I’m giving the horses a rest for the time being and turning my attention to football. I’d be the first to admit that I am no fan so feel my emotions will play no part in the review. The first product I’m testing is named Three Key Football. Unsurprisingly, there is a loose connection with the number three that I’ll explain a little later.
The offering is from the Steve Davidson family although the book’s author is someone calling himself Dennis. When you make your purchase you are sent to a website to download the product. Having parted with your money it’s good to know that the manual you need is ‘protected’ by a couple of key security measures. Firstly, when you install the file (it’s an exe file so only suitable for Windows users I’m afraid) you have to fill in your email address and submit it before being sent an unlocking code. The site says you will hear back within 24 hours but mine was received much quicker.
When you submit the code you are able to read the manual. As an extra security measure you are not able to print it out. This stops the less honest selling copies to anyone else. So, there is a sense that when you buy there won’t be thousands of others receiving the same information.
As readers will appreciate it’s not that easy to go into too much detail on the selection process as it would make it easy for others to work out. Suffice to say that you are looking for three games that meet certain criteria. When you have found them you place a treble wager with the bookmaker offering the best odds.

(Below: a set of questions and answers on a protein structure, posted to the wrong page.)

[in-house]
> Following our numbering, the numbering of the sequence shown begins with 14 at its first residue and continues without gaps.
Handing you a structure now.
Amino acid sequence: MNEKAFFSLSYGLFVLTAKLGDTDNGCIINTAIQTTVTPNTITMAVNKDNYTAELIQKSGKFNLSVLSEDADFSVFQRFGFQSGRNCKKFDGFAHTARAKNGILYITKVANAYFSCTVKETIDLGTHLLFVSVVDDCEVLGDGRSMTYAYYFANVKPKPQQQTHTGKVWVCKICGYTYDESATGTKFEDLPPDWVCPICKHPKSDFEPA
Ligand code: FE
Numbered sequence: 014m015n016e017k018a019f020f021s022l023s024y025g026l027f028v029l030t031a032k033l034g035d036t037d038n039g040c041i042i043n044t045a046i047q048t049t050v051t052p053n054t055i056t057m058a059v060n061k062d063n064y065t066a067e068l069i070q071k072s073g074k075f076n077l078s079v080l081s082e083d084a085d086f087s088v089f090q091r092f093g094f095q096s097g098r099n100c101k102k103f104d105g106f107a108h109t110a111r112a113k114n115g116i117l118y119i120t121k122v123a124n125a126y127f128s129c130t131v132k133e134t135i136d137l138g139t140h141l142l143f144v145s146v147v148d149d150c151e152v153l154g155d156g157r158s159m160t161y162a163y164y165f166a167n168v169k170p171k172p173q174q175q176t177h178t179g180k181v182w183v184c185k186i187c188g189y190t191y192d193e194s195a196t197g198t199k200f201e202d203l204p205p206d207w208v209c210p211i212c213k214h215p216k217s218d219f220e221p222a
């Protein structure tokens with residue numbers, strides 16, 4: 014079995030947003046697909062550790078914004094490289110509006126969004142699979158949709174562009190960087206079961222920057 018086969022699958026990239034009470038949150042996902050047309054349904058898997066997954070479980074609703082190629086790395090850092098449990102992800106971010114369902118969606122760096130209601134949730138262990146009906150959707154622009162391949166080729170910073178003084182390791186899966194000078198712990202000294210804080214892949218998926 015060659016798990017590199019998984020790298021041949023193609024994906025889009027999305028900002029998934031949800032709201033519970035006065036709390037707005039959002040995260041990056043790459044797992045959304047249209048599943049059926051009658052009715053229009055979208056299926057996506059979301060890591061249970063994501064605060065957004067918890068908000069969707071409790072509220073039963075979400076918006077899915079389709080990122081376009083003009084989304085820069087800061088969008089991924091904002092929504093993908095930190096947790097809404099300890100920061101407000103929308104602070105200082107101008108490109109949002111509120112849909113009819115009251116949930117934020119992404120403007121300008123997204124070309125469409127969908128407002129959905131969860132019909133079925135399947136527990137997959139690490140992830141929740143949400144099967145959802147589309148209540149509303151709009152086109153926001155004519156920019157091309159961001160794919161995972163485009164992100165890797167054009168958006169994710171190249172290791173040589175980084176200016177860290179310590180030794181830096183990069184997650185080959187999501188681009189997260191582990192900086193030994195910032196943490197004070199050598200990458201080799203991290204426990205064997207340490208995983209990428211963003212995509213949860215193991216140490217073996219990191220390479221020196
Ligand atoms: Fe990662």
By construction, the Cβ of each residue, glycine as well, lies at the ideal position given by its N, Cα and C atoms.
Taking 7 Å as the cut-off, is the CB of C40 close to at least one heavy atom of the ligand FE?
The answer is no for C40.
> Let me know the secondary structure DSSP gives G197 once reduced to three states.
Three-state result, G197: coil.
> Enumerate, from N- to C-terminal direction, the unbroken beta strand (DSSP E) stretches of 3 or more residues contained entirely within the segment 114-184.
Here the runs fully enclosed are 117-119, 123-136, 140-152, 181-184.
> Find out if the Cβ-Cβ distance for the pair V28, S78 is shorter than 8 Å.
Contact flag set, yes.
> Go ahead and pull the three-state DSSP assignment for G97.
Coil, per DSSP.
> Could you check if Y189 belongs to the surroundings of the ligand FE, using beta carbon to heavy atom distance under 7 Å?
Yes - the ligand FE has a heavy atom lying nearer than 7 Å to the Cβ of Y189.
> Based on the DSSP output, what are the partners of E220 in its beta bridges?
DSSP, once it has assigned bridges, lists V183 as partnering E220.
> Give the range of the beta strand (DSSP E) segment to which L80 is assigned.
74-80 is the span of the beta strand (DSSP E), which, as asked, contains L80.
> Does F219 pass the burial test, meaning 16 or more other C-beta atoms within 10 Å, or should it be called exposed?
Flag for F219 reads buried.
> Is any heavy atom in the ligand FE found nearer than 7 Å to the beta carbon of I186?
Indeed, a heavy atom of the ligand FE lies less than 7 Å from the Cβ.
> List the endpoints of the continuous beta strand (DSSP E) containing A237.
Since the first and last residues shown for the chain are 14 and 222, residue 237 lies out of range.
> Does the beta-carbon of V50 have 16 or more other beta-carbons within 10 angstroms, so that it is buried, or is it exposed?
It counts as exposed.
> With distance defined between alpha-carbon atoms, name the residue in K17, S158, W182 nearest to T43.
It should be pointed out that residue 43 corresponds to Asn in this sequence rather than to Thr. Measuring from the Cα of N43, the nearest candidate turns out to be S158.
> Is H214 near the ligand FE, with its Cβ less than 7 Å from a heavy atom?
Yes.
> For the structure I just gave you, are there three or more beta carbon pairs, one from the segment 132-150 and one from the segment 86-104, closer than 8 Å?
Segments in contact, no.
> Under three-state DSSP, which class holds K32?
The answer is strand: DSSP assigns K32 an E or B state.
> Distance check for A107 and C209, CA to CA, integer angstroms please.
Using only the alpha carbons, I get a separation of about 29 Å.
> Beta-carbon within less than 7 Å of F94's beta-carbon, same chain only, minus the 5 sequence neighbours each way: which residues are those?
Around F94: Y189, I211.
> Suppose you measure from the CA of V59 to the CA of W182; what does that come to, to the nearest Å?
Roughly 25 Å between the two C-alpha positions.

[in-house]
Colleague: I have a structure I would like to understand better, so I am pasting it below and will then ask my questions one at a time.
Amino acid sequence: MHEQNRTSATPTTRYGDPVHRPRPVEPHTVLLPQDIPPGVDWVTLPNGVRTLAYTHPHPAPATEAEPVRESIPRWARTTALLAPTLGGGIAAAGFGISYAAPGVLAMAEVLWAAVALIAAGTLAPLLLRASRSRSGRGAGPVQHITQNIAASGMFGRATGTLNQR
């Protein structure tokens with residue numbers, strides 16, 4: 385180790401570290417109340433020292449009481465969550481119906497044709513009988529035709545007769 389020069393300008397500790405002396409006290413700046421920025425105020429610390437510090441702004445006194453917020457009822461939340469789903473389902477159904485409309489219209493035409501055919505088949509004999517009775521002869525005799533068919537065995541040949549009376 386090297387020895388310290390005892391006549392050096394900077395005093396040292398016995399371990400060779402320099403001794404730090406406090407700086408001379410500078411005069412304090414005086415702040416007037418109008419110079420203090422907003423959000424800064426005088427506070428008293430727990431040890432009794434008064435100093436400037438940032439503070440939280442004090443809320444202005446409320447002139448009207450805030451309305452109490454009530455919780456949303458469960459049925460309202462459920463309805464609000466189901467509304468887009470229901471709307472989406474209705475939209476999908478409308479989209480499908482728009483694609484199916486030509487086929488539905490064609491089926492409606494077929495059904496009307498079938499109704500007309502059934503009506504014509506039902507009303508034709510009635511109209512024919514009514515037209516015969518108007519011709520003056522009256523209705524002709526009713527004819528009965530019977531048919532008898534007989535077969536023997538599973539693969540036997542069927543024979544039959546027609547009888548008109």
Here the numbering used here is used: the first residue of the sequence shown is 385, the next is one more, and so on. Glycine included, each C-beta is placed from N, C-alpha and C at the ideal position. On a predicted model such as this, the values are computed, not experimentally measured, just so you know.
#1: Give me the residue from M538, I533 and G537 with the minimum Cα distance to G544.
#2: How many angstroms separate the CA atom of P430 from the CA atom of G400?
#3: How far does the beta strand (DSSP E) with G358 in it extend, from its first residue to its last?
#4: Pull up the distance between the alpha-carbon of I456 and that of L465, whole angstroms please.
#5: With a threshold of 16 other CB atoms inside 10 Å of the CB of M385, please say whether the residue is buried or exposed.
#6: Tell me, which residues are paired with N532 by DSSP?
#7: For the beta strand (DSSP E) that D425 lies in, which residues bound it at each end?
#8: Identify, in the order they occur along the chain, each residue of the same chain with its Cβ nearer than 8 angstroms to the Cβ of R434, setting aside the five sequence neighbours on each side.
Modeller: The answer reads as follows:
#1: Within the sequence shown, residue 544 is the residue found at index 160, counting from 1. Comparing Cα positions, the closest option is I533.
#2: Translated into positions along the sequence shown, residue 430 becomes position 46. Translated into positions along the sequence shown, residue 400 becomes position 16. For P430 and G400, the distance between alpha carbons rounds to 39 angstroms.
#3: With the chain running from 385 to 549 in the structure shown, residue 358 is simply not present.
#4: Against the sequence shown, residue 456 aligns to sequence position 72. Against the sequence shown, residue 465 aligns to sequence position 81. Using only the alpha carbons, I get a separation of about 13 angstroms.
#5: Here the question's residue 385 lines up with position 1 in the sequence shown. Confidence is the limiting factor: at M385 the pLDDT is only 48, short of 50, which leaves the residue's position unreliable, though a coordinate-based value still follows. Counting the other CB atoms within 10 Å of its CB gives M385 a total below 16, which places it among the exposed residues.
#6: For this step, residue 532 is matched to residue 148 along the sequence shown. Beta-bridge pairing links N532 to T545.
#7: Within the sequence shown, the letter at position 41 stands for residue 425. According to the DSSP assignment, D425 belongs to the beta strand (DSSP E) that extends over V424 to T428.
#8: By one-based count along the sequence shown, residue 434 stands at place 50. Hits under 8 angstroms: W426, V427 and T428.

To help you out you are given two websites to visit. These provide the matches on offer and odds on each. The book describes the process reasonably well and provides a good number of examples. Since it was originally released it does seem that updates have been added to clarify some of the things you do to make the selections. There is a degree of subjectivity involved in the selections so it won’t be easy for anyone to match results exactly.
Together with the selection process the manual provides three different staking plans. The first is a level staking plan and the other two provide forms of recovery plan to recoup losses. As I’m always told ‘if a system doesn’t make a profit at level stakes then it’s not worth pursuing’ I’ll stick to £10 per point wagers for the trial. The recommendation is a bank of 30 to 50 points. I’ll use a 50 point bank to keep things simple.
As the UK football season comes to an end we will probably be looking further afield for selections. The author does exclude any friendly match but suggests tournaments such as the upcoming World Cup are fair game. Only time will tell.